Craft projects don’t have to be reserved for summer. Crafts using elements from nature can happen in any season. Our examples below can be used at any time. Bird feeders are welcome at any season as birds are migrating in the fall, feeding their young in the spring, or settling in for a cold winter’s night. And gathering natural treasures all through the year can spark everyone’s imagination.
Information found in Kit No. 6 "Go Boldly"
Having bird feeders in your yard creates a great learning environment for all family members. You can observe the birds’ behaviors, learn which bird likes which seed, and if they prefer to eat their food up in the trees or directly from the ground. Having a bird field guide nearby will help you identify the different types of birds and keep a journal over the different seasons. Plus, you can enjoy their beautiful song as a bonus.
Find a spot outside to assemble your bird treats as things can get a little messy! Here are three feeders to start with.
Apples are plentiful in the fall and if you are in a region where apples are grown, you may be able to fit in an apple picking adventure.
Start by cutting the apples in half, from stem down. Remove the middle of each side with a spoon so you have a pocket for the seed. To keep the seed inside the apple, mix 2/3 cups of boiling water in a pan with 2 packets of unflavored gelatin. Make sure it is completely dissolved.
Add 2 cups of birdseed to the gelatin. Different birds eat different types of seeds, so a bag with variety may be best.
Add your birdseed mixture into the apples and set them on a pan so you can place them into the refrigerator for 1-2 hours until firm.
Putting a screw into the top of the apple will allow you to tie a string for hanging.
- 2/3 C water
- 2 packets unflavored gelatin
- 2 C birdseed
- 4 apples
- 8 small screws
Pinecones & Peanut Butter
If you live in an area that has pinecones you probably have a few collections around the house. Or maybe the kids brought some home from a camping trip. If so, have the kids gather them up and take them out to your designated craft area in the yard. This is another messy one, but quite simple.
The pinecones need to be at least 3 or 4 inches long to hold the seed concoction. Begin by having the kids spread peanut butter over the bottom 2/3 of the cone. Leave a “handle” at the top.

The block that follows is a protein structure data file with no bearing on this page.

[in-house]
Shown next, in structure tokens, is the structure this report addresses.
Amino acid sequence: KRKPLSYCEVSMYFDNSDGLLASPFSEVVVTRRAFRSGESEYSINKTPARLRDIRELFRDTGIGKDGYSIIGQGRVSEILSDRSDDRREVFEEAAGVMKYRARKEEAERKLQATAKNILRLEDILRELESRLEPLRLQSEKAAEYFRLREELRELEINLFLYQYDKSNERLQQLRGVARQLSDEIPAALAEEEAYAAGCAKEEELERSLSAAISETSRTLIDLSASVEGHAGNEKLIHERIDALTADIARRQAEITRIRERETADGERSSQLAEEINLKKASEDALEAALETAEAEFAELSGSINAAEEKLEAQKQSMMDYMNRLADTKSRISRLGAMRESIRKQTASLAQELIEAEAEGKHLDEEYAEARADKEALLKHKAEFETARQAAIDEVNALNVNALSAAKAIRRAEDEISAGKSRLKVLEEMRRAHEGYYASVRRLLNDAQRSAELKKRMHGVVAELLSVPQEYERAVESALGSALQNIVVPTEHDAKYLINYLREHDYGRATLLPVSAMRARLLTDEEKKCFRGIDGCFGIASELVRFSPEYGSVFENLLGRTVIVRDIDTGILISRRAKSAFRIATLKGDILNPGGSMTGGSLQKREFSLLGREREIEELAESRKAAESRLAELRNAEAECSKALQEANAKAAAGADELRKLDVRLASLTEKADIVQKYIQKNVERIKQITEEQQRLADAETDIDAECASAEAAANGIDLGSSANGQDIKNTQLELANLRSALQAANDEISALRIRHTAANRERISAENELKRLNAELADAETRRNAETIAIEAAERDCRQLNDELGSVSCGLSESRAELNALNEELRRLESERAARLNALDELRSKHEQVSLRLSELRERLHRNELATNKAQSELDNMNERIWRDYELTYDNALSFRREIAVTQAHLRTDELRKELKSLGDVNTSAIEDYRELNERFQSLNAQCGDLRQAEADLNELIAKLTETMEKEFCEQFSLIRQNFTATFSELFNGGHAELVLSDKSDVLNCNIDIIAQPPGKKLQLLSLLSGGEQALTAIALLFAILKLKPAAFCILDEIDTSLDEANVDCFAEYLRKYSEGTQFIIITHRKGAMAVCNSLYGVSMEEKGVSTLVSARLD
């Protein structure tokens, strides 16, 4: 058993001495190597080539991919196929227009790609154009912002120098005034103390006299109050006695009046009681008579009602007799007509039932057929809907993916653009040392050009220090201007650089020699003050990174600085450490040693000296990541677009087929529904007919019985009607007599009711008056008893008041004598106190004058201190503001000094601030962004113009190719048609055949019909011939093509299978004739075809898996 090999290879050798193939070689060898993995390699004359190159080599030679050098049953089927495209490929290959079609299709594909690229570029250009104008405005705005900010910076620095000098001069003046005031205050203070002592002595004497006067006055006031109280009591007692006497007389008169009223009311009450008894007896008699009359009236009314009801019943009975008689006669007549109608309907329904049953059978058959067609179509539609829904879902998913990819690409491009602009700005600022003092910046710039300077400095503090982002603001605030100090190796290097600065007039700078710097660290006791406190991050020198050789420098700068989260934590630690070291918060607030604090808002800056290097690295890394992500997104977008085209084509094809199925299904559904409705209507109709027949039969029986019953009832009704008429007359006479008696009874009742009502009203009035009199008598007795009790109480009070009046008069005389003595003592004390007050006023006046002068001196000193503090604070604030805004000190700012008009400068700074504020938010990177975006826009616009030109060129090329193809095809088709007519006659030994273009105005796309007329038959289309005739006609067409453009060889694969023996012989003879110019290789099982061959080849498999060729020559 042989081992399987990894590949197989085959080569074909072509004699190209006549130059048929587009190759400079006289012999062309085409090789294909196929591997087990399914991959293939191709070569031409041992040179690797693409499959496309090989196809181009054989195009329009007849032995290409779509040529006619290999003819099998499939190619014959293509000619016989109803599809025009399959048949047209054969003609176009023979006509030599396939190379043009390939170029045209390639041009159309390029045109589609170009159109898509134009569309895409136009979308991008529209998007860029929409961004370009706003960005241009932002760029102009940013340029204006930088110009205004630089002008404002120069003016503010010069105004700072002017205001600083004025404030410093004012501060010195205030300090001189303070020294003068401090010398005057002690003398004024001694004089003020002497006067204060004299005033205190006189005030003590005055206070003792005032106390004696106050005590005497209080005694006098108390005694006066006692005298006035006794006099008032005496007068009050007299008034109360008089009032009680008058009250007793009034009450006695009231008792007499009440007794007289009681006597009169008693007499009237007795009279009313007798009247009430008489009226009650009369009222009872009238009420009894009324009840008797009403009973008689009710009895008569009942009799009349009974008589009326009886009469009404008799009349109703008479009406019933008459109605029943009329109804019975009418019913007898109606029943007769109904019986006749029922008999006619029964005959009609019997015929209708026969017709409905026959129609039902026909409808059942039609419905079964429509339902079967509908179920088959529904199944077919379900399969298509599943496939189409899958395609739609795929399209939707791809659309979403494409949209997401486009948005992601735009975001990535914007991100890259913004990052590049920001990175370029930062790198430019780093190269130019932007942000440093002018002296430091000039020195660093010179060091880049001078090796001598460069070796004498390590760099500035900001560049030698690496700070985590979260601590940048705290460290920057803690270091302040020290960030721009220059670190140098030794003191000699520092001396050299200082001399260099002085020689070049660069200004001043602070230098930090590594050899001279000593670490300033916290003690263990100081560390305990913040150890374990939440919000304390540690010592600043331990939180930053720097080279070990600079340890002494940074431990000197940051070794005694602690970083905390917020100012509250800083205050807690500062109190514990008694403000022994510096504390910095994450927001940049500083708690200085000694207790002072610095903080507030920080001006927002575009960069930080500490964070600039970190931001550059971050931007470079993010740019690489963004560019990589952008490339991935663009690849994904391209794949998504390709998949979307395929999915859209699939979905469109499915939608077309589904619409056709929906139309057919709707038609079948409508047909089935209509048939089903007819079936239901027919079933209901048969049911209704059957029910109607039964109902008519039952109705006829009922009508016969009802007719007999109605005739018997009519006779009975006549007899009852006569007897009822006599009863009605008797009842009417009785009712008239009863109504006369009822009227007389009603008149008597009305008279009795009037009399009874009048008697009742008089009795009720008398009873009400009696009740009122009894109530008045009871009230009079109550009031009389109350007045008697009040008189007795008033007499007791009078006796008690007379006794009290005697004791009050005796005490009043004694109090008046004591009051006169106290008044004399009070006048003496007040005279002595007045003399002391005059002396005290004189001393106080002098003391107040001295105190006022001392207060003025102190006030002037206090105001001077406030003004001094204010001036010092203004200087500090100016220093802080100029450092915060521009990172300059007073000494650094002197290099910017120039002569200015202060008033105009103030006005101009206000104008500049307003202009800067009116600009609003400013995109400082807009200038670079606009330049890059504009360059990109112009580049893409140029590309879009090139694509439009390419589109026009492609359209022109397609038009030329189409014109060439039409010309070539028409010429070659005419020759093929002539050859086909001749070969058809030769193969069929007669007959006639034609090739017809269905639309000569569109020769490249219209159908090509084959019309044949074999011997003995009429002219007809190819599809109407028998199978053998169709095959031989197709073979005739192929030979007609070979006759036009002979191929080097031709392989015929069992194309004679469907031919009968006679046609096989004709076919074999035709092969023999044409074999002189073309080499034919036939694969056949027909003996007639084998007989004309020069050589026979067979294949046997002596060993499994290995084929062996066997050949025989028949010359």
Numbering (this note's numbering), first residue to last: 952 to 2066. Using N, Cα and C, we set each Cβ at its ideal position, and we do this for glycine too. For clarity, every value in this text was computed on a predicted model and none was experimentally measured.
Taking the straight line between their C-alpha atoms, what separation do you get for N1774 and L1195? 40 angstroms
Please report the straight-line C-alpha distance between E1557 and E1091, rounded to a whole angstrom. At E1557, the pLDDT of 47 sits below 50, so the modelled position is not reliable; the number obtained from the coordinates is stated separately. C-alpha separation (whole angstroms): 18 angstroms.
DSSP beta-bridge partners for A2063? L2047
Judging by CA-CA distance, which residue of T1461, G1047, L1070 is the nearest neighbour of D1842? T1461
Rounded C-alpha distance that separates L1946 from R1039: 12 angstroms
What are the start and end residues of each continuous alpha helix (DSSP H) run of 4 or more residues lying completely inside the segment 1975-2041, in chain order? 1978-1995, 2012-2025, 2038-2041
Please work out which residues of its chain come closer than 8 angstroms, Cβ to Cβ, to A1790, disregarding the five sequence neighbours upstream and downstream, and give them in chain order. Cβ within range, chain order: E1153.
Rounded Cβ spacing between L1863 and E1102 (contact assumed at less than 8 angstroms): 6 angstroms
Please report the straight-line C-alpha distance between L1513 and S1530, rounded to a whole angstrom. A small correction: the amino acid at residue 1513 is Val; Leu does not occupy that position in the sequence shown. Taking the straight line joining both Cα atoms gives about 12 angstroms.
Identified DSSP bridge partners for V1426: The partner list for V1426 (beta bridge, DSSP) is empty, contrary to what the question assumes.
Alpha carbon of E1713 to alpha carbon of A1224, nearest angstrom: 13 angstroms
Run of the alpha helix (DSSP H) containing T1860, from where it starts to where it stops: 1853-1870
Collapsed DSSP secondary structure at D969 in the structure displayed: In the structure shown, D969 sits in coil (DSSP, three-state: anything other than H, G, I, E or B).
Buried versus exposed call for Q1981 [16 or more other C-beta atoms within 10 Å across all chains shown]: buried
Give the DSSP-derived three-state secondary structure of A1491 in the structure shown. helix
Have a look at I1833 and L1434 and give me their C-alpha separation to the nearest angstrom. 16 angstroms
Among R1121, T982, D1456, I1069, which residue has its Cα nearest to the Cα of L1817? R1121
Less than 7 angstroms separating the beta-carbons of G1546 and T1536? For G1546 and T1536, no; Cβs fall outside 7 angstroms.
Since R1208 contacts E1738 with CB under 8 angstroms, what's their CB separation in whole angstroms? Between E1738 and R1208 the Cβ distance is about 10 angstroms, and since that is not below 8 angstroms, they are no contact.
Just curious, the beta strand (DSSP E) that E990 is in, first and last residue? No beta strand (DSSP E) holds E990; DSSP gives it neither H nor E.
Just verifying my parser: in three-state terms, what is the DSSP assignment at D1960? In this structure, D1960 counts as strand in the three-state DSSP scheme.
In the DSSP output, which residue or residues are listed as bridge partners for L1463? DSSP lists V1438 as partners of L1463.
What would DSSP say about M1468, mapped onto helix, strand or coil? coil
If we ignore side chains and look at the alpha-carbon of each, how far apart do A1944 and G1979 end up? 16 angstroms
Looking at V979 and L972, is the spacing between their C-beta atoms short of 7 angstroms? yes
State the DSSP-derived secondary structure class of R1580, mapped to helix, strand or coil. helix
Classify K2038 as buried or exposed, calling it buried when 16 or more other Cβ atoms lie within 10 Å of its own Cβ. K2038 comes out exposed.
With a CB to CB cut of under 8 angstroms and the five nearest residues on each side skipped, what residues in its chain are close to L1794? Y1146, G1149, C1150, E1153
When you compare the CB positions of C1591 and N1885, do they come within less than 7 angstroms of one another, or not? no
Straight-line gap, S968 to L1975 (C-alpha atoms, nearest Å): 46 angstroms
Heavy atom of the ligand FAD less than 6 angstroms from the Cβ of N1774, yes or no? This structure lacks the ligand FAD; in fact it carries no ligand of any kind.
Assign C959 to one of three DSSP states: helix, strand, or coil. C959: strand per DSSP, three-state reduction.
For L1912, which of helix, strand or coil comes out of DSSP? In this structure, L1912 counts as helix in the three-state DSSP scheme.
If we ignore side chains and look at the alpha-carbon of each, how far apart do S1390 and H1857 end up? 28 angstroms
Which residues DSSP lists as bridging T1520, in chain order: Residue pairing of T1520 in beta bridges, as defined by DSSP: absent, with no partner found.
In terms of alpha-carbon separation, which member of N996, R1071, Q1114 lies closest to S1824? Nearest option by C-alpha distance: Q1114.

Next, have some seed in a bowl so they can roll the cone and get as much seed to stick to the peanut butter as possible.
Some pinecone shapes will allow you to tie string directly around the top for hanging. Others may require a screw to go in. I would suggest doing that before adding the peanut butter.
Your cones can now be hung in various places around your yard.
If you have a collection of cookie cutters this is a great reason to dig them out of the storage drawer without turning on the oven.
Start by gathering your cookie cutters, spray them with cooking oil, and place them on a cookie sheet or other surface that can be put into a refrigerator.
Combine 2/3 C of hot water in a bowl with 2 packets of gelatin and mix until dissolved. Add in 2 C of birdseed and stir until well blended. Add your mixture into the cookie cutters patting it down tight.
There needs to be a hole for a string so the birdseed ornaments can be hung outside. This is done by placing a short piece of straw into the top portion of the ornament. It is pulled out once the gelatin in set.
Place in the refrigerator for at least one hour for the gelatin to set. Remove the straw and remove the seeds from the cookie cutter. Add a string through the hole for hanging and find the best spots to hang the ornaments.
- 2 C Birdseed
- 2/3 C Water
- 2 Packets of unflavored gelatin
- Cookie cutters
- Ribbon or string
- Cooking Spray
Take your bird feeding to the next level by experimenting with different seeds and feeders. You'll be surprised at how intelligent many birds are! Here's how to construct a bird brain teaser below.
Activity found in Kit No. 10 "Observation Station"
Nature Craft Collection
Be ready for any project in any season. Have the kids gather items for different seasons for your nature craft projects. This can include twigs, bark, leaves, seed pods, small rocks, feathers - anything in nature that is interesting. In the spring, it may include flowers, in the fall, it may be more seeds. Googly eyes are great too and some sticky tack glue. Having this be a continuous project allows kids to improve their observation skills and appreciate what nature has to offer.
With the collection of items placed in the middle of the outdoor table, kids can create all sorts of projects. Here are some to get their creative juices flowing.
- Make forest people, or better yet, a self-portrait.
- Fall leaf wreaths (leaves strung with string and tied into a circle)
- Various rock critters
Let the imagination go wild!
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